Quinton Aaron, Star of the Blind Side, Helps Kids Beat the Odds
For those of you who’ve seen The Blind Side (and who hasn’t by now?), you know it’s the story of Michael Oher, a homeless and traumatized boy who beat the odds to become an All American football player and first round NFL draft pick.
The character was played by Quinton Aaron, who also beat the odds to get the part — Aaron was working as a security guard, unable to pay his rent, and on the verge of homelessness when he landed the starring role. Now he shares his story with students as a spokesman for the Beating the Odds Foundation, (a partner of the NEA Foundation) which works to inspire young people to reach their full potential in life.
NEA Today Express caught up with Aaron to ask him about his breakout role in The Blind Side and his dedication to young people.
How did you first find out about the role?
My mom, rest her soul, submitted my name for the audition. She was my acting manager. She read what size they were looking for, and told me this was it, this role was mine.
How are you and Michael Oher alike?
He was a gentle giant, like me. He didn’t have a lot of friends, and stayed to himself, like me. We’re both big dudes, but quiet, and neither of us wanted any trouble, even though our size made us look tougher than we were.
I also grew up in poverty, and struggled all my life. I always wanted to do something different, to lift myself up. I always wanted to be an actor, but everyone doubted me. They’d say, “You’re 610, 300-plus pounds! There’s no work for you as an actor!” They told me to keep my job in security. But entertainment was something I wanted to do forever. Now I’m living out my dream, just like Oher got to live his.
What appealed to you about the role?
The message. That no matter how hard your life was growing up, you can’t let it discourage you from following your dreams. Nothing is impossible. You can still be a movie star, or a doctor. You can still become great. It’s a good message for kids, but also for adults who shouldn’t give up on a kid just because of his current situation.
Why did you become involved with the Beating the Odds Foundation?
The organization has celebrity spokesmen and women who’ve been through hard times in their lives, but still followed their dreams, and they tell kids today that they can do the same thing. I thought that sounded like a great thing to do. So many kids drop out of school, get in trouble, land themselves in jail, or wind up dead, because think they have to make easy money or live a fast life just because of their current situation. They think things will never get better for them. I figured it wouldn’t hurt to be part of an organization that allows you to tell people your story and help encourage them to follow their dreams.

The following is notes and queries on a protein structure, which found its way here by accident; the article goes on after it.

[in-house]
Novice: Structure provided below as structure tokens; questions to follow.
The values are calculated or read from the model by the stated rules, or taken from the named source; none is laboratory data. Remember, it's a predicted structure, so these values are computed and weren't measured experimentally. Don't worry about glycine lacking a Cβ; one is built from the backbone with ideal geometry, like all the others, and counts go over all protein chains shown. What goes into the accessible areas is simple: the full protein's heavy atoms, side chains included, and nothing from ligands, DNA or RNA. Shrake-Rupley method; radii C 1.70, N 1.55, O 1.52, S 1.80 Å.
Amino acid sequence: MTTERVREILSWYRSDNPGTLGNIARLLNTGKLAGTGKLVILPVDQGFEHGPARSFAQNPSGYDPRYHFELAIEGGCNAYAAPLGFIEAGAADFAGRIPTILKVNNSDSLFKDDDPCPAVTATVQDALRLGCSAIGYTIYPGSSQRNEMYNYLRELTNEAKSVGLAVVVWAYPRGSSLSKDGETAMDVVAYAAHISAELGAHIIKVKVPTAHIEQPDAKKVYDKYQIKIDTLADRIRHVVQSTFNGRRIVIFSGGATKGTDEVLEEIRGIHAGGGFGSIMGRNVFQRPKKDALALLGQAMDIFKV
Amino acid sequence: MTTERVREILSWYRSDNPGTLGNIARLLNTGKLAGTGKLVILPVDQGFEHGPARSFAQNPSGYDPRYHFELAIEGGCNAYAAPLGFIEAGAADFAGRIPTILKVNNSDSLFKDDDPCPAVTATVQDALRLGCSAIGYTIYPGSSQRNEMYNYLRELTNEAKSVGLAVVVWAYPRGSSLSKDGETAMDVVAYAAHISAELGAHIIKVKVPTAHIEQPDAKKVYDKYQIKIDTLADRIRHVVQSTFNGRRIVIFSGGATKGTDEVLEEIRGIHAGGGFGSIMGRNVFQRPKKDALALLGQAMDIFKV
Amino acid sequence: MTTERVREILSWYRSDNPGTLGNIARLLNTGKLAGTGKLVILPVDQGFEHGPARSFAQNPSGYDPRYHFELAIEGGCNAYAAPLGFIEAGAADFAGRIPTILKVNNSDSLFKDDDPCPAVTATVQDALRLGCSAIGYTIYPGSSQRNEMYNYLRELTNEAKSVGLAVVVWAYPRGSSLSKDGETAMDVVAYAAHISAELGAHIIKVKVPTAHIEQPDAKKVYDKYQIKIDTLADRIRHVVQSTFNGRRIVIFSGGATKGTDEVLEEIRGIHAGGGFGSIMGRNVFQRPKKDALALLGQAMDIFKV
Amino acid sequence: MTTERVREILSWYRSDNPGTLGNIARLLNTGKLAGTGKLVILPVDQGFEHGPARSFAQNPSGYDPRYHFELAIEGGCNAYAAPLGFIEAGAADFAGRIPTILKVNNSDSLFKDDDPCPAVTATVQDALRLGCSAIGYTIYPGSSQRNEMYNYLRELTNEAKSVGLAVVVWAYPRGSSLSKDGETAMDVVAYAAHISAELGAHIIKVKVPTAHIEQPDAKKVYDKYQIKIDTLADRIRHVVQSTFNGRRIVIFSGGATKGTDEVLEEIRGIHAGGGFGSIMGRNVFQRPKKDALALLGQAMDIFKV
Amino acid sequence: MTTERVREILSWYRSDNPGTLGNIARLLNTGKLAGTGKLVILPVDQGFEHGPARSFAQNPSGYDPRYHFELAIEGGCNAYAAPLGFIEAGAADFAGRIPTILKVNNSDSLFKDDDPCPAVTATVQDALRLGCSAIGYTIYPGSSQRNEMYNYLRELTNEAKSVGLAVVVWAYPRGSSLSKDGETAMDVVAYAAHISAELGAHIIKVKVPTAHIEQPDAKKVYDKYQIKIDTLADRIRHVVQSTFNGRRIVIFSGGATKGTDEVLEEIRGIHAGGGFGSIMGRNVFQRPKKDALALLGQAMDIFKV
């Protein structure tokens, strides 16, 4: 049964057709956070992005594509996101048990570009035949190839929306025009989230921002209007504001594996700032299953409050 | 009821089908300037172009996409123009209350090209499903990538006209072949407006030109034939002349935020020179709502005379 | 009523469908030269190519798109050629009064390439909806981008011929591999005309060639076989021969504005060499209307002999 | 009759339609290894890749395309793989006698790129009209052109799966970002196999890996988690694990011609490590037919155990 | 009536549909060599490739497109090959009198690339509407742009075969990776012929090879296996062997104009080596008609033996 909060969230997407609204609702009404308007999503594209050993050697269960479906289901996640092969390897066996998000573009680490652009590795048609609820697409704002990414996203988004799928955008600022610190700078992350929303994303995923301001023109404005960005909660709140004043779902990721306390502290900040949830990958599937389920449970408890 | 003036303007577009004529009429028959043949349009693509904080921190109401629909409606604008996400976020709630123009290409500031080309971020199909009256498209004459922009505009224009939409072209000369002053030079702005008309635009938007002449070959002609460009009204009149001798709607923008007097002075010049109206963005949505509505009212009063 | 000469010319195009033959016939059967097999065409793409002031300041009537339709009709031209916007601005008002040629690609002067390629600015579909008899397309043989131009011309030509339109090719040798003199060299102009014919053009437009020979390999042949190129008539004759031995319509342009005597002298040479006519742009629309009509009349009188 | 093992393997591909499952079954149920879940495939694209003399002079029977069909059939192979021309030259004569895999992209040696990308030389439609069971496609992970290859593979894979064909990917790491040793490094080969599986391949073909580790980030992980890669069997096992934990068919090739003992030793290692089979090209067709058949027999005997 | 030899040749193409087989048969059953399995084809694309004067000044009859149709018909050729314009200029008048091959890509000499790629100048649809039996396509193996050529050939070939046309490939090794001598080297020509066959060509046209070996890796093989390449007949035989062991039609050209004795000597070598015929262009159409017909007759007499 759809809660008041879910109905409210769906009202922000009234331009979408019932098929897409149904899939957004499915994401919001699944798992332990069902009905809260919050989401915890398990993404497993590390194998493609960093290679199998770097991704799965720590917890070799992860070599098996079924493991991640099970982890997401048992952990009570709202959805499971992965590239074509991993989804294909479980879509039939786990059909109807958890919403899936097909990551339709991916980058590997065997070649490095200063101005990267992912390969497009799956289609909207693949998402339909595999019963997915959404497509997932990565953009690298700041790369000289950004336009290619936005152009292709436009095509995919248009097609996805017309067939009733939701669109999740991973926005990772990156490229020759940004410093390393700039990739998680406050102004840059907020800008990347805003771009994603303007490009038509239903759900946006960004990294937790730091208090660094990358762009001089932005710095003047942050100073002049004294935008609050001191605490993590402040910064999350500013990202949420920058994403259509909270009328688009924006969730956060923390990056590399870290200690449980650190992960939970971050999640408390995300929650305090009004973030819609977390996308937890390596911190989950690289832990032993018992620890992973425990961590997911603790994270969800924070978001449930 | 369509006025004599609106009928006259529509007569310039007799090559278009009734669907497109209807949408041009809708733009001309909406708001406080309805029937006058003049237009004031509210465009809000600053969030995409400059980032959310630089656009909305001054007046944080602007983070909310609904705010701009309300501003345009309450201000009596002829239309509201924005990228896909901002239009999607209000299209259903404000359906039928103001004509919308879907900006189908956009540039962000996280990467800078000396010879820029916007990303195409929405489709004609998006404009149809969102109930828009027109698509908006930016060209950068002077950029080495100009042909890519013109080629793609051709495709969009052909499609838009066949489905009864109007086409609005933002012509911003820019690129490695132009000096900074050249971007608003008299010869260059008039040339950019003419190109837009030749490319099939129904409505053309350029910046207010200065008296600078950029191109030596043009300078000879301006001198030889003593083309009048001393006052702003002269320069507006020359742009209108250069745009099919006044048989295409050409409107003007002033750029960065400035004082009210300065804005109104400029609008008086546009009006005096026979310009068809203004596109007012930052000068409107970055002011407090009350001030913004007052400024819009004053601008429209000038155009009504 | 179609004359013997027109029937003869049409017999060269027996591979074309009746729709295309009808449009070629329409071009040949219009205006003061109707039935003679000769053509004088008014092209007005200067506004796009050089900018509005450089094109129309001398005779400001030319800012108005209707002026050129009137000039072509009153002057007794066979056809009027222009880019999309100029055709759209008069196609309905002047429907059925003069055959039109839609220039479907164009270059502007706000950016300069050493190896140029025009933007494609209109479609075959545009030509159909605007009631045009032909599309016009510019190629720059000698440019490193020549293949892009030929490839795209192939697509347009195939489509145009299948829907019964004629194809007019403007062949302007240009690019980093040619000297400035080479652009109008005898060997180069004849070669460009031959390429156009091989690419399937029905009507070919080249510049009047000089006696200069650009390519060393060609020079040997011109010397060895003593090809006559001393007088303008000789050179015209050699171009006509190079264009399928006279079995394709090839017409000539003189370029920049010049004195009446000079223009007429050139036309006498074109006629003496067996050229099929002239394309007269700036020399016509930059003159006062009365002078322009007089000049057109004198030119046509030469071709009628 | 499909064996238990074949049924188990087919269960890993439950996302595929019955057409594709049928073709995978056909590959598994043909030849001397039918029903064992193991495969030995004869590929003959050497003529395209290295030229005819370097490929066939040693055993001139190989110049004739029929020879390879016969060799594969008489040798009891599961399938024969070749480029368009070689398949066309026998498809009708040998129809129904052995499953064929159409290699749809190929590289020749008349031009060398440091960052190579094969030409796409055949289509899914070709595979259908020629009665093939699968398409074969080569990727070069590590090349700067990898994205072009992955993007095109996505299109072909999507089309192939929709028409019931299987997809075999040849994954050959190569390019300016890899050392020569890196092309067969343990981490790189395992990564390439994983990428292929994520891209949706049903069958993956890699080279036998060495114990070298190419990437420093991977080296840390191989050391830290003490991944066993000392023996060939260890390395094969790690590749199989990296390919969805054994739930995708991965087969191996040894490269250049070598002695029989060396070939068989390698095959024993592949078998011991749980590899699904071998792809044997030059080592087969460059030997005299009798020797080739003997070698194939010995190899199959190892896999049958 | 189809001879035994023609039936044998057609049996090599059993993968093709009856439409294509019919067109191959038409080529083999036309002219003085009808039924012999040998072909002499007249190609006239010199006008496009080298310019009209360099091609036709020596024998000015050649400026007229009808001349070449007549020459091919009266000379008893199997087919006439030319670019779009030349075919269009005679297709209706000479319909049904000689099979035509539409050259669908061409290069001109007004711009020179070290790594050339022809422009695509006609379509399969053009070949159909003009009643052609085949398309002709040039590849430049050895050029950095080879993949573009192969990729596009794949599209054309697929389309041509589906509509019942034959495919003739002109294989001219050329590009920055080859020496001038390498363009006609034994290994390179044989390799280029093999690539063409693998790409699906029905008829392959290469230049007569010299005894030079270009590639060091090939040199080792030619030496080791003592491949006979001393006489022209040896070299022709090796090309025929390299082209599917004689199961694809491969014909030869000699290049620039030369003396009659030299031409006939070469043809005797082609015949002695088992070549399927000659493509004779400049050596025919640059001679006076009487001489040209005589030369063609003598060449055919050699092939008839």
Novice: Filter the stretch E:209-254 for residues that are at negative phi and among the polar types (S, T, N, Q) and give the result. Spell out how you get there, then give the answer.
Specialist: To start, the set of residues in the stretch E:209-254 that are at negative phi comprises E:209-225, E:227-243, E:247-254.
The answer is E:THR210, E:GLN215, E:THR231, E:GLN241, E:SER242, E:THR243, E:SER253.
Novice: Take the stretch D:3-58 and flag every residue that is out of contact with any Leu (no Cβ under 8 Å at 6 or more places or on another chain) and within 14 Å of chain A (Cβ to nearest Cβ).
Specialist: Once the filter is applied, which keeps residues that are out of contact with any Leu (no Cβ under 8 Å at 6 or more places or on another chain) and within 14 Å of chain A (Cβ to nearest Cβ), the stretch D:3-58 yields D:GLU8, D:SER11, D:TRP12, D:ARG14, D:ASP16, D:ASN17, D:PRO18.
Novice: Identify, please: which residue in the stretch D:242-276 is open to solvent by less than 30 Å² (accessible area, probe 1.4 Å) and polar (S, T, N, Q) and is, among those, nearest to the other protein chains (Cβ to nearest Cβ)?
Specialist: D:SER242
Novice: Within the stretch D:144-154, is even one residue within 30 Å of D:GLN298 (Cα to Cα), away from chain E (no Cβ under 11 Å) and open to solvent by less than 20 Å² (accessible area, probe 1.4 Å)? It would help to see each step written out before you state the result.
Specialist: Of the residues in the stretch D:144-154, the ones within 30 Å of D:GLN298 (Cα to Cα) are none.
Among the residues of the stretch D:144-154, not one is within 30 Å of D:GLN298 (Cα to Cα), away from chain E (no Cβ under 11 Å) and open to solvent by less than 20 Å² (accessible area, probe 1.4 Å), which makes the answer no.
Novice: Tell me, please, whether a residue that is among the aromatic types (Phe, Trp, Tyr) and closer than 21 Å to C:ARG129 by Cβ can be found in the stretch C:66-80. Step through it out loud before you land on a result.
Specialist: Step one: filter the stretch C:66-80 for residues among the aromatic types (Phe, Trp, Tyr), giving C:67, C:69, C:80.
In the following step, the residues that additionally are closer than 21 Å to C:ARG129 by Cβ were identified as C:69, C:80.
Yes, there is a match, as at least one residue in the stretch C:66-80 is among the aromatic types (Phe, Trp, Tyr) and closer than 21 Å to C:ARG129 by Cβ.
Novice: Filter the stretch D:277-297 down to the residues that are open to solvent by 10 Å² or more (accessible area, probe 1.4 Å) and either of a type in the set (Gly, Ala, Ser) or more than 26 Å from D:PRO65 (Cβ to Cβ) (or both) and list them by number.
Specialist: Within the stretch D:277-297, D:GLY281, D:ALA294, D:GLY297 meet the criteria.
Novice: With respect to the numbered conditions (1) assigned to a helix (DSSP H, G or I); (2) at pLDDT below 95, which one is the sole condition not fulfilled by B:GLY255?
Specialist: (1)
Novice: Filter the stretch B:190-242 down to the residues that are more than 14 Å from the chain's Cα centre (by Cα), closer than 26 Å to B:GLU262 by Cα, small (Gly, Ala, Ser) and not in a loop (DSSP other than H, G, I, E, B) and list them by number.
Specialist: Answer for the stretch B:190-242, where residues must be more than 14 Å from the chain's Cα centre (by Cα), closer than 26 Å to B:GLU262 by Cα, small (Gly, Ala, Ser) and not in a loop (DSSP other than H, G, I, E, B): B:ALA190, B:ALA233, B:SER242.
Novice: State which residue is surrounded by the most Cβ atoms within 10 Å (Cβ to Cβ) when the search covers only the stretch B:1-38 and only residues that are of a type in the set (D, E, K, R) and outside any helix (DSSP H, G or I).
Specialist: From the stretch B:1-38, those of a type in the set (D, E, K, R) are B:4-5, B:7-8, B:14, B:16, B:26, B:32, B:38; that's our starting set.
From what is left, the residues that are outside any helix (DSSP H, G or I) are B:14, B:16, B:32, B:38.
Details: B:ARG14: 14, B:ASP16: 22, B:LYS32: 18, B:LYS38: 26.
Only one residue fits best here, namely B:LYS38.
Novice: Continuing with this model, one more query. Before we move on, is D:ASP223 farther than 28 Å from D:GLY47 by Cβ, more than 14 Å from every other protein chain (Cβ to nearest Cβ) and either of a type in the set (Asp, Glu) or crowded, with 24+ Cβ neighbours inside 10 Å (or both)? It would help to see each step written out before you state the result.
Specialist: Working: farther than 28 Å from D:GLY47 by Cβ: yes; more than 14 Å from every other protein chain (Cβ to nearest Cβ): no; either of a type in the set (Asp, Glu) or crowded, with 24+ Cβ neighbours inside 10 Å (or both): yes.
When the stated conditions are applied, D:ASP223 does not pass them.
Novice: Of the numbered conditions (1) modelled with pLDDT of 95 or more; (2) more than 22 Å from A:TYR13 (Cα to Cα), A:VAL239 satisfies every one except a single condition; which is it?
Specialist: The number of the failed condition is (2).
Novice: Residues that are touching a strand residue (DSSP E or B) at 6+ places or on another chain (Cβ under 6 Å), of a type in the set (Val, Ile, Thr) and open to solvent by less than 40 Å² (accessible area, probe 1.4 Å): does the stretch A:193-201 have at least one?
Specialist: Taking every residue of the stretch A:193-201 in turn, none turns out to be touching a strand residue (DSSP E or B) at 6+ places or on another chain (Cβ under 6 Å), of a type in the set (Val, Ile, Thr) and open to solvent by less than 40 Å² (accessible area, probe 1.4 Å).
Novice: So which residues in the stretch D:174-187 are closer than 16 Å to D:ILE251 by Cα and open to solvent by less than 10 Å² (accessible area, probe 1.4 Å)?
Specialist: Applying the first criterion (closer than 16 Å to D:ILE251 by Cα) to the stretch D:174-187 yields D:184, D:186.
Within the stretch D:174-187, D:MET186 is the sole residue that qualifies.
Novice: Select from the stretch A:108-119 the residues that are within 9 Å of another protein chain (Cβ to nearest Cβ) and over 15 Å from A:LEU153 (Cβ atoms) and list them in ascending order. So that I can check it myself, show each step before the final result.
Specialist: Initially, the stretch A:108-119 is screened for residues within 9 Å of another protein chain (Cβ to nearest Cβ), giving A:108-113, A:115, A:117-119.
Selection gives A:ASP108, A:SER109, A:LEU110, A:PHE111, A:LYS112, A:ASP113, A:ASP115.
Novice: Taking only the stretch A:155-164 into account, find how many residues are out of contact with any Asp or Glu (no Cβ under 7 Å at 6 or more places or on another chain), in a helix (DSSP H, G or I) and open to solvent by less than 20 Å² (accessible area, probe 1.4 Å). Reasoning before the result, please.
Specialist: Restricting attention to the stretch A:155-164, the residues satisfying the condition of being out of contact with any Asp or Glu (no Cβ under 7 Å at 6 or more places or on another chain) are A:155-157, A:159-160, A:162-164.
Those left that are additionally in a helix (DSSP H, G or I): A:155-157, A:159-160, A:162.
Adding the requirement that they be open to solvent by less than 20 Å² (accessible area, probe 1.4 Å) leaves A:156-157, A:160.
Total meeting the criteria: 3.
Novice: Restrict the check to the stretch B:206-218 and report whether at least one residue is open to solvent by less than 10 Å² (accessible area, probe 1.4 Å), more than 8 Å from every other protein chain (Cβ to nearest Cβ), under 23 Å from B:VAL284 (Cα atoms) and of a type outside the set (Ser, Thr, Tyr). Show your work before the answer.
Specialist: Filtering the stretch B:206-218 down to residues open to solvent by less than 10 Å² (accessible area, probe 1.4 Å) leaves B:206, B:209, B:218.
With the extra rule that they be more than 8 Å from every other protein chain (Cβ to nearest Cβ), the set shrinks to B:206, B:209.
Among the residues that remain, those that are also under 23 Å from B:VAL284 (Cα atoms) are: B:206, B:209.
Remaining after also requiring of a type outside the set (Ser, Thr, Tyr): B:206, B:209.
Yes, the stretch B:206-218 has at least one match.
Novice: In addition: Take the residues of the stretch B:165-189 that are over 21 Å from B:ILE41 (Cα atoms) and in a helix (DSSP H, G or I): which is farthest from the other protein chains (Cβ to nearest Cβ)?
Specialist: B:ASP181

What’s the story you tell young people?
I grew up in one of the toughest neighborhoods in New York City, but I never became a product of my environment. There were lots of kids who wanted to hang on the block and be about the street life, but they weren’t my friends. I’d walk by them to go to church or go to work, but I’d never hang outside and kick it with them.
That’s what I tell kids who are living in poor neighborhoods. I tell them to surround themselves with kids going in the right direction. It was hard for me, too. We didn’t always have food to eat, but we made do with what we had, and I never lost faith that I’d make it out some day.
What is your message about education?
It’s simple. You need a diploma. You need to graduate. The stuff you want to do -- like sing, or act, or play football, or basketball -- may not pan out. And if you don’t have an education, then you don’t have a Plan B. You’ll have to go back to school to finish something you should have done as a kid. I always tell kids to stay in school. It might not be fun now, but it’s way better than trying to go back.
What was school like for you?
It was hard. I didn’t really like school, back in the day. I was talked about more than I was liked. But because of some great teachers, it got better, and I stuck it out.
Who was one of your favorite teachers?
Sherry Puryear was my chorus teacher. She was a blessing, not only music-wise, but spiritually as well. I had hard times in high school, and I could always talk to her, and she’d help me out. She always had the answer, and she never tripped about anything.
How can teachers today help kids who are struggling?
Tell kids about yourself, and why you became a teacher. If you’ve had struggles, share them, and tell them how you got to where you are today. It’s the same as The Blind Side. After they see the movie, kids are inspired to do what they can to succeed, and they’ll do the same for you. If they hear your story, and hear what you overcame, they’ll be inspired to try to succeed -- for themselves, and for you. If you open up to them, your kids will respect you for it. And if they feel that you’re dedicated to helping them, and see that you are there for a deeper purpose, they’ll be inspired to do their best.
To hear more of Quinton Aaron's inspirational story, and to purchase the DVD along with ten additional Quarterbacks of Life® stories, visit www.beatingtheodds.org and click on DVD Order Form under "Contact." Cost: $19.95 plus $4.00 shipping and handling.